From this very pulpit over 50 years ago, Dr. Martin Luther King, Jr. said that “We are tied together in a single garment of destiny . . . whatever affects one directly affects all indirectly.” To build the Beloved Community that was intended from the very beginning, all of us have to feel these effects and to act. How do we do that? Well, Lent gives us a season to reset, to remember, to repent and to once again, renew our commitment to be followers of Christ who showed us the way. This cathedral will journey with you, offering some spiritual resources. You can sign up online for our daily morning prayer services. Once again, the clergy are writing daily Lenten meditations journeying through the Gospel of Mark. Discover ways to come together to worship, reflect, to look at God’s Holy word and our place in it. In addition, we have courses that are offered under the heading of Take on Lent, all of which are on our website.

I think sometimes we just need to see how God is in our midst, so I want to lift up two visual images for you to take on your Lenten journey that have meaning to me and I hope they will have some meaning for you. The first is an image that challenges me, in a good way. Some years ago, my husband John and I were traveling in Europe and we stopped in a city called Colmar, France, which is known as a little Venice. It’s a beautiful little town. We had one hour of free time and our tour guide said, “It’s a great place to shop.” Which is great, if you’re a shopper. I am not. Then, almost as an afterthought, she said, “Oh, and there’s a museum that has a famous altarpiece.” Well, that’s where I went and I made a beeline for this unnamed famous altarpiece, which thanks to my friends with the cameras have pulled up for you to see. It’s the Isenheim Altarpiece created by Matthias Grünewald. You see Christ on the cross in agony. On one side of the cross are gathered Mary Magdalene, Mary, the mother of Jesus, and John, his beloved disciple. On the other side, and this is the piece that challenges me in a good way, we see John the Baptist pointing to Christ with a bony finger and written in Latin is John the Baptist saying, “He must increase and I must decrease.” Christ must increase and I must decrease. Part of the discipline of fasting and meditating on God’s Holy word and rending our hearts, is to make space, to open up, to fill us more deeply and completely with Christ whose love surpasses all understanding: the one who helped show us the way.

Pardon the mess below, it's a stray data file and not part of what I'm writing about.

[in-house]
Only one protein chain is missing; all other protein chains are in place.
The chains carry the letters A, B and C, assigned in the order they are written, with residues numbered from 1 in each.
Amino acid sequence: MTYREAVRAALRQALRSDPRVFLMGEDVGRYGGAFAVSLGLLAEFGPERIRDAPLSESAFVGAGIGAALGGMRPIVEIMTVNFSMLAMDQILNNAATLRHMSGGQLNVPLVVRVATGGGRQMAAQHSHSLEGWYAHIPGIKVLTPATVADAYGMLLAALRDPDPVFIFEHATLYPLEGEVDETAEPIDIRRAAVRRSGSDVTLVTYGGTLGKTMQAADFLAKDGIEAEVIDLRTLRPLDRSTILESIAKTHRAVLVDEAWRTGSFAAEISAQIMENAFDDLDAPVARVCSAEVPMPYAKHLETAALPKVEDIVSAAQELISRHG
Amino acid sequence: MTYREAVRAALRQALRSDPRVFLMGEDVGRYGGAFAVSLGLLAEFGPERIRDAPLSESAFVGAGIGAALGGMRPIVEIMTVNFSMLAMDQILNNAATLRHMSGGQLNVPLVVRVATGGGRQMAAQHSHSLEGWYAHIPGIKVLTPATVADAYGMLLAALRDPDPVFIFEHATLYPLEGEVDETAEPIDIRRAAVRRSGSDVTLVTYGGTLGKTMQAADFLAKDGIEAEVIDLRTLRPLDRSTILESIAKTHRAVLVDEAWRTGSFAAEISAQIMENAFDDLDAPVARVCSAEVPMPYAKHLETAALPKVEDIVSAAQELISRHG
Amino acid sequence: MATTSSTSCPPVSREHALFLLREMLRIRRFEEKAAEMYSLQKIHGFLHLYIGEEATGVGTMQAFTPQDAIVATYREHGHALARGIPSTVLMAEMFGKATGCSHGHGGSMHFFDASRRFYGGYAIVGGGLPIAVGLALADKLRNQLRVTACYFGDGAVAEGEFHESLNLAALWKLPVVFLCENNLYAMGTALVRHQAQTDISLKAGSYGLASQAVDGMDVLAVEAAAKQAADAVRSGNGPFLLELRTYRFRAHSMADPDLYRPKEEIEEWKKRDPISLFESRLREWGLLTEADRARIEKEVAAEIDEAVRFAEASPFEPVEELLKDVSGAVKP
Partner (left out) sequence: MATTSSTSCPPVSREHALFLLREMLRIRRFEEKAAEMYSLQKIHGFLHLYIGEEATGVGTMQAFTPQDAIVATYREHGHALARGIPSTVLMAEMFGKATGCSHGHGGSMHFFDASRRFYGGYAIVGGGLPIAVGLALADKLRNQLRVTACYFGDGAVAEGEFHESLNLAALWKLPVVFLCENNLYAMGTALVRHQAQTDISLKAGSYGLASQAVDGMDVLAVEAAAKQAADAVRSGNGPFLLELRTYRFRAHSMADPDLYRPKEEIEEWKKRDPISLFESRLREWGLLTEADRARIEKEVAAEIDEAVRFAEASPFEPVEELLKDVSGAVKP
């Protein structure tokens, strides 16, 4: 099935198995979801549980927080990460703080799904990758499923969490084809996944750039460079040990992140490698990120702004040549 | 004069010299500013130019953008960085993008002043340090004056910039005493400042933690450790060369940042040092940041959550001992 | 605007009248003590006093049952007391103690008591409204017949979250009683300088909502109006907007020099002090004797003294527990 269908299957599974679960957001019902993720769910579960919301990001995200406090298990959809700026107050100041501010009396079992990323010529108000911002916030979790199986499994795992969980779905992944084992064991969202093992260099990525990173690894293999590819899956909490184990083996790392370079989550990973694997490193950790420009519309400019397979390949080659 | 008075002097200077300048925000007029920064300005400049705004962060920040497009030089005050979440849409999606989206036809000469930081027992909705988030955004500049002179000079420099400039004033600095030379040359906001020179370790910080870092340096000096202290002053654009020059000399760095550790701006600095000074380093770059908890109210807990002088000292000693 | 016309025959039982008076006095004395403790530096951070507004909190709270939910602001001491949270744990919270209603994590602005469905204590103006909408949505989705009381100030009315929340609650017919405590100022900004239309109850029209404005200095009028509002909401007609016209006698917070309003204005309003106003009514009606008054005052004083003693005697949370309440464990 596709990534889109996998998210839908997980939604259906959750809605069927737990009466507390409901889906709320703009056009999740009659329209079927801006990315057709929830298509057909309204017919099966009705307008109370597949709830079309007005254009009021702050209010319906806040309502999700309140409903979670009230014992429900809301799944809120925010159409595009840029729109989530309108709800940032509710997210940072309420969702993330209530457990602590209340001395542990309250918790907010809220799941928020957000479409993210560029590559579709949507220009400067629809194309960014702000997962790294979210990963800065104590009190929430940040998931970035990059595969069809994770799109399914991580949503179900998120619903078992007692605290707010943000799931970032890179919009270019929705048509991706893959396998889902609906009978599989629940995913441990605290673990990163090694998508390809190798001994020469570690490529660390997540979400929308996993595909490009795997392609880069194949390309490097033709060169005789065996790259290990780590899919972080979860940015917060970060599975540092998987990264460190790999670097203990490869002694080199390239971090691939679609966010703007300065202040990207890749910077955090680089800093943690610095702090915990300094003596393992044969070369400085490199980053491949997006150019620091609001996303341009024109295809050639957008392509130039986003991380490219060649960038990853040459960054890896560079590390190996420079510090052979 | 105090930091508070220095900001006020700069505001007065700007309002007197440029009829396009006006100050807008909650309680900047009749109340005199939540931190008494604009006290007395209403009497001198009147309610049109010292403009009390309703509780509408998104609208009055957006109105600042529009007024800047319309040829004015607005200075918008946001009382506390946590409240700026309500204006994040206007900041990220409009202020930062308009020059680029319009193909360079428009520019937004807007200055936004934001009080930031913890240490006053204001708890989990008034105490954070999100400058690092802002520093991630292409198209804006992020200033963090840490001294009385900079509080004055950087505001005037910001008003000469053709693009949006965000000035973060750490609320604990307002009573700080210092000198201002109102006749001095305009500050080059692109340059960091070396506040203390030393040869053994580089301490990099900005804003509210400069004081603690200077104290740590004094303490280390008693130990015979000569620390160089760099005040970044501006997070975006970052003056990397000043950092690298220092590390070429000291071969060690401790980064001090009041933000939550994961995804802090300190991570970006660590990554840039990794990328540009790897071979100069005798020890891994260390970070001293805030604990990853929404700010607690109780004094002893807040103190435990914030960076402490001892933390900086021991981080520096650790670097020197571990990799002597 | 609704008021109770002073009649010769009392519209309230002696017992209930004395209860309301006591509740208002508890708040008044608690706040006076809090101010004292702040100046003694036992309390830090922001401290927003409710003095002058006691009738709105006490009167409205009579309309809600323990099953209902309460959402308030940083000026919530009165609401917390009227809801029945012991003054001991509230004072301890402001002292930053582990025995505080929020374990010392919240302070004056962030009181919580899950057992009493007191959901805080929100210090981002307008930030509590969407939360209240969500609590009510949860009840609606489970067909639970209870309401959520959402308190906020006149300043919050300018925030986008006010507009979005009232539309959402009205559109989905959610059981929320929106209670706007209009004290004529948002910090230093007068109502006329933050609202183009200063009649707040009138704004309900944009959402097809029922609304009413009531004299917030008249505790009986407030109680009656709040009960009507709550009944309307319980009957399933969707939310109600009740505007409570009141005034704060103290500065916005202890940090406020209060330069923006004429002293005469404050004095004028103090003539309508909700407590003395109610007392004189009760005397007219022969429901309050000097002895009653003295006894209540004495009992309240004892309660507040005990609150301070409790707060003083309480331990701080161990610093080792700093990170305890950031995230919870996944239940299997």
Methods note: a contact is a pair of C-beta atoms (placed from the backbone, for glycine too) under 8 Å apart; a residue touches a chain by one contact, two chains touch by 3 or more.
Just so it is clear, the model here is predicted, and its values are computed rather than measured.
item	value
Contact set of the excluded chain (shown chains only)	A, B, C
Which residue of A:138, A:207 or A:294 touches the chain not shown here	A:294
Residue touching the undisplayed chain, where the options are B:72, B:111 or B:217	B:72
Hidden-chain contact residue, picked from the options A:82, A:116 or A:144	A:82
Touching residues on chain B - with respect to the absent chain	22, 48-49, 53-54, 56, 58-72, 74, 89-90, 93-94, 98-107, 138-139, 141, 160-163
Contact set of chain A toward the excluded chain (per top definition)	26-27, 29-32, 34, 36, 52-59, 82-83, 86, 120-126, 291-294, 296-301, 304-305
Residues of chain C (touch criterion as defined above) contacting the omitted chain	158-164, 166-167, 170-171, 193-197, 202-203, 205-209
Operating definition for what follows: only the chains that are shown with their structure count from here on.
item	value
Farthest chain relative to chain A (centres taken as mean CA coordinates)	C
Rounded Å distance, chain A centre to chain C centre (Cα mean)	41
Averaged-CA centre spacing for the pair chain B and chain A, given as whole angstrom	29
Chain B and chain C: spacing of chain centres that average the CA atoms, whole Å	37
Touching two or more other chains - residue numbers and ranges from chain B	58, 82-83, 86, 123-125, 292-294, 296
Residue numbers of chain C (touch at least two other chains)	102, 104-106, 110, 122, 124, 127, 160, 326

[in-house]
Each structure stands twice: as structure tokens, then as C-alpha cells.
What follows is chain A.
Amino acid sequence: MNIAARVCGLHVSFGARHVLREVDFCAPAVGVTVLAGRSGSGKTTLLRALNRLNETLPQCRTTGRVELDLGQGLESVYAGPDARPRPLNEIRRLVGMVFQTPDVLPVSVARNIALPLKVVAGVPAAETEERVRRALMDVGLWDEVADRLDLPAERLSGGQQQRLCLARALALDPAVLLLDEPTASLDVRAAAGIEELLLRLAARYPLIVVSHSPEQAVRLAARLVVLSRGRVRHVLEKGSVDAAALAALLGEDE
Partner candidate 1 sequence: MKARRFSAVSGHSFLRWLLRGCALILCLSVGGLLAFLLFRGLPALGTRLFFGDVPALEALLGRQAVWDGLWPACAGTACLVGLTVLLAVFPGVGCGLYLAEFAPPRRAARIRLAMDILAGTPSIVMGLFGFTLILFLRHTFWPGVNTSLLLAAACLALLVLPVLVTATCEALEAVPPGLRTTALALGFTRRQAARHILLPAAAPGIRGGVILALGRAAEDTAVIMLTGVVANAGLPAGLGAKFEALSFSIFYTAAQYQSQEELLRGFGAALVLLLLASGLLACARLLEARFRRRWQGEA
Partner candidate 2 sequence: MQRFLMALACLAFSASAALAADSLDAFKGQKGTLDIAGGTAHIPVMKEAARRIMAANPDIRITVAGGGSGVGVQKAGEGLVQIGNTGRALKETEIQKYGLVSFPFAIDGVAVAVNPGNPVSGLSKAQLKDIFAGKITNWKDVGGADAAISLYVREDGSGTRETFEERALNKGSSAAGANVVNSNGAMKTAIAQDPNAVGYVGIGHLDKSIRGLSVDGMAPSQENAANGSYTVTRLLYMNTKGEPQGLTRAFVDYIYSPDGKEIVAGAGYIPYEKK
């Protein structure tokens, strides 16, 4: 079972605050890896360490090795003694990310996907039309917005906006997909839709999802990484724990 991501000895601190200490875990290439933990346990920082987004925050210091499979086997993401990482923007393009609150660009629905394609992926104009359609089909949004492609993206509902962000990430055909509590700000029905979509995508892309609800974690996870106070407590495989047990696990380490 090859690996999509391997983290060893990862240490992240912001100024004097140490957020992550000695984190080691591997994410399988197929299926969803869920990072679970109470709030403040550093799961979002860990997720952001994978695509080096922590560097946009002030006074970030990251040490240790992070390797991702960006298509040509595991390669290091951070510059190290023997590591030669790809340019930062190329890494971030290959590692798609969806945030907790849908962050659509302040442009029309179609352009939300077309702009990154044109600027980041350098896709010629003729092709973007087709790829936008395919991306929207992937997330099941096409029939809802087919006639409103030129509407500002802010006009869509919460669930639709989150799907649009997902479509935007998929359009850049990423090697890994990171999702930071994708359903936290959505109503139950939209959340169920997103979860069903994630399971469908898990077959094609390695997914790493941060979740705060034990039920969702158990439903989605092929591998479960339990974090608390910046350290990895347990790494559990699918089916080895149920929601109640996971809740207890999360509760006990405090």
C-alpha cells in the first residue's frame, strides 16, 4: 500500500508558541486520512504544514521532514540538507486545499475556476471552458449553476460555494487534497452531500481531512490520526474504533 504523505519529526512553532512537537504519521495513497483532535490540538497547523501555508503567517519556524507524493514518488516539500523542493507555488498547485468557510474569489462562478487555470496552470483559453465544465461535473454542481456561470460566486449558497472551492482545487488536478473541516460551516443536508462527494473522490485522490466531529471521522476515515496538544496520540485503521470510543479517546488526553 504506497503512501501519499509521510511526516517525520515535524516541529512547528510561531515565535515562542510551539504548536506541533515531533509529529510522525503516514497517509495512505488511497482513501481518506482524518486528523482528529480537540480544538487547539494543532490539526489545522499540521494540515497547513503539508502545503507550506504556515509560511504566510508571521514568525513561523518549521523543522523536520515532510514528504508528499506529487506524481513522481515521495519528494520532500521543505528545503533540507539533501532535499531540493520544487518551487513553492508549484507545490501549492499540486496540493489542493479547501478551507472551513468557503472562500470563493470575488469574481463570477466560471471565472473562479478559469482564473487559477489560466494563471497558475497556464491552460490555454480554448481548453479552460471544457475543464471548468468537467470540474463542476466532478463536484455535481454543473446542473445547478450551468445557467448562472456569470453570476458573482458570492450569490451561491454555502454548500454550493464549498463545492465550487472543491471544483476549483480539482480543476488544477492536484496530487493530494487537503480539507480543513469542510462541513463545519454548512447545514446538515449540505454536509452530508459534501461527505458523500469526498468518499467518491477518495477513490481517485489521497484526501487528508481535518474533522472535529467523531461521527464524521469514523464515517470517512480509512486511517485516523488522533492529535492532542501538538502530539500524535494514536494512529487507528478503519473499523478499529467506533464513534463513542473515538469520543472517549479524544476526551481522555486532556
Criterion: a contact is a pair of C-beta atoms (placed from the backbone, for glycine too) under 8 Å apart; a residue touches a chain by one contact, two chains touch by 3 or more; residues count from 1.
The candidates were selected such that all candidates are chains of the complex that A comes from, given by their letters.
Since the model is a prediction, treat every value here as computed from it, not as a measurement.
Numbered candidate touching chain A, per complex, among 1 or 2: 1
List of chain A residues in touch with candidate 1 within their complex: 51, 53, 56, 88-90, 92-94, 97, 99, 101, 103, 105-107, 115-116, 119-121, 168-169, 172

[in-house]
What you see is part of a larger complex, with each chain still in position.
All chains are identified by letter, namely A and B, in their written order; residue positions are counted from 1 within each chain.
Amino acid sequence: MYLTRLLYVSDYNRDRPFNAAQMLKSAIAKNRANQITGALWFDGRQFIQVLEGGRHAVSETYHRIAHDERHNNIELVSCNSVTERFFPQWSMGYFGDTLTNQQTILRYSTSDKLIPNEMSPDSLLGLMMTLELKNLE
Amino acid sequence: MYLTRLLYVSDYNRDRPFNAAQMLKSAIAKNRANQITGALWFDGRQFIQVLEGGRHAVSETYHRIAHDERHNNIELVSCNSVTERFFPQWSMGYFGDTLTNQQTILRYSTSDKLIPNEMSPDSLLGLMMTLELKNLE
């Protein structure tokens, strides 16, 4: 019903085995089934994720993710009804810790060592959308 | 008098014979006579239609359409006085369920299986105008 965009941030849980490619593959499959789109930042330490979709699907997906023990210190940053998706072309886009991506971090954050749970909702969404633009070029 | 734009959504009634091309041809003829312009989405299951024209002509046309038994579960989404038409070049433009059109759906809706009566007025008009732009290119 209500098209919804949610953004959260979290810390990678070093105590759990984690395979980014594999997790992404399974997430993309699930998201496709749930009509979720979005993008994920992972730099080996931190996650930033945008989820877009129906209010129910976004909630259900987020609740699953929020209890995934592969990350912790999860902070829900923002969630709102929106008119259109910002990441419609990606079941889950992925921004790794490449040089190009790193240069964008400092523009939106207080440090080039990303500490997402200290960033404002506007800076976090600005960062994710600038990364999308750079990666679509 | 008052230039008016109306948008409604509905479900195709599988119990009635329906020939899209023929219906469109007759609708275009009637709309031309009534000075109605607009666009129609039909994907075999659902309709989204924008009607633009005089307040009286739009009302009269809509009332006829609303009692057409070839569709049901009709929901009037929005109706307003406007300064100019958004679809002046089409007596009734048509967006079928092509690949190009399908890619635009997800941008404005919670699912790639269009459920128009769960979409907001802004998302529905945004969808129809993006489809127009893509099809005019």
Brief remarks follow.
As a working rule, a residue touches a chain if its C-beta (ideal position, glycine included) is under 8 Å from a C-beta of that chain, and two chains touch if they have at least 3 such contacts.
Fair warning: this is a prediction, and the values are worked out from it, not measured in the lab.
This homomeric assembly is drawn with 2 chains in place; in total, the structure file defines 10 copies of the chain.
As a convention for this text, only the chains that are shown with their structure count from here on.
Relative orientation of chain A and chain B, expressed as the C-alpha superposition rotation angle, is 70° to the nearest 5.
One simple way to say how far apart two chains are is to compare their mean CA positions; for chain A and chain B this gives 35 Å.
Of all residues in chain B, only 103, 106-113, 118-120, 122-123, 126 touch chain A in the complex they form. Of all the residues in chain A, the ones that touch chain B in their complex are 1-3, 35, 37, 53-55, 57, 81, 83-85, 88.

The second image I offer for you is one that has come to mean so much to me, particularly in those times when I need less challenge and more comfort. It’s a reminder that Christ promised us to never leave us or forsake us, to be with us always. In those times when I feel broken or brokenhearted and don’t know what way to go, you’ll see on your screen, the image of the altar piece in the Chapel of the Good Shepherd at the Cathedral. Jesus is depicted holding a lamb up tight to his chest and to that heart that loves us more than we can possibly ask or imagine: a reminder that on our journey, no matter what, Jesus is with us to guide us, direct us, comfort us, challenge us, and to point the way.

In her book Searching for Sunday, Rachel Held Evans put it this way: “We could not become like God, so God became like us. God showed us how to heal instead of kill, how to mend instead of destroy, how to love instead of hate, how to live instead of long for more. When we nailed God to a tree, God forgave us. And when we buried God in the ground, God got up.” The truth of that, the embodiment of that changed the course of human history. If we will but embrace it and embody it, it will change us, too.  Henri Nouwen said that “The miracle of the Incarnation is not only that Christ came, lived, died and rose among us, but Christ continues to come to live, to die and to rise in our midst.”

In these challenging times and in our journey to Jerusalem, hold fast to the truth that we witness as Christians, that God loved us enough to take on flesh and dwell among us so that our lives would never be the same. May it be so for you and for me. Amen.


The Rev. Canon Jan Naylor Cope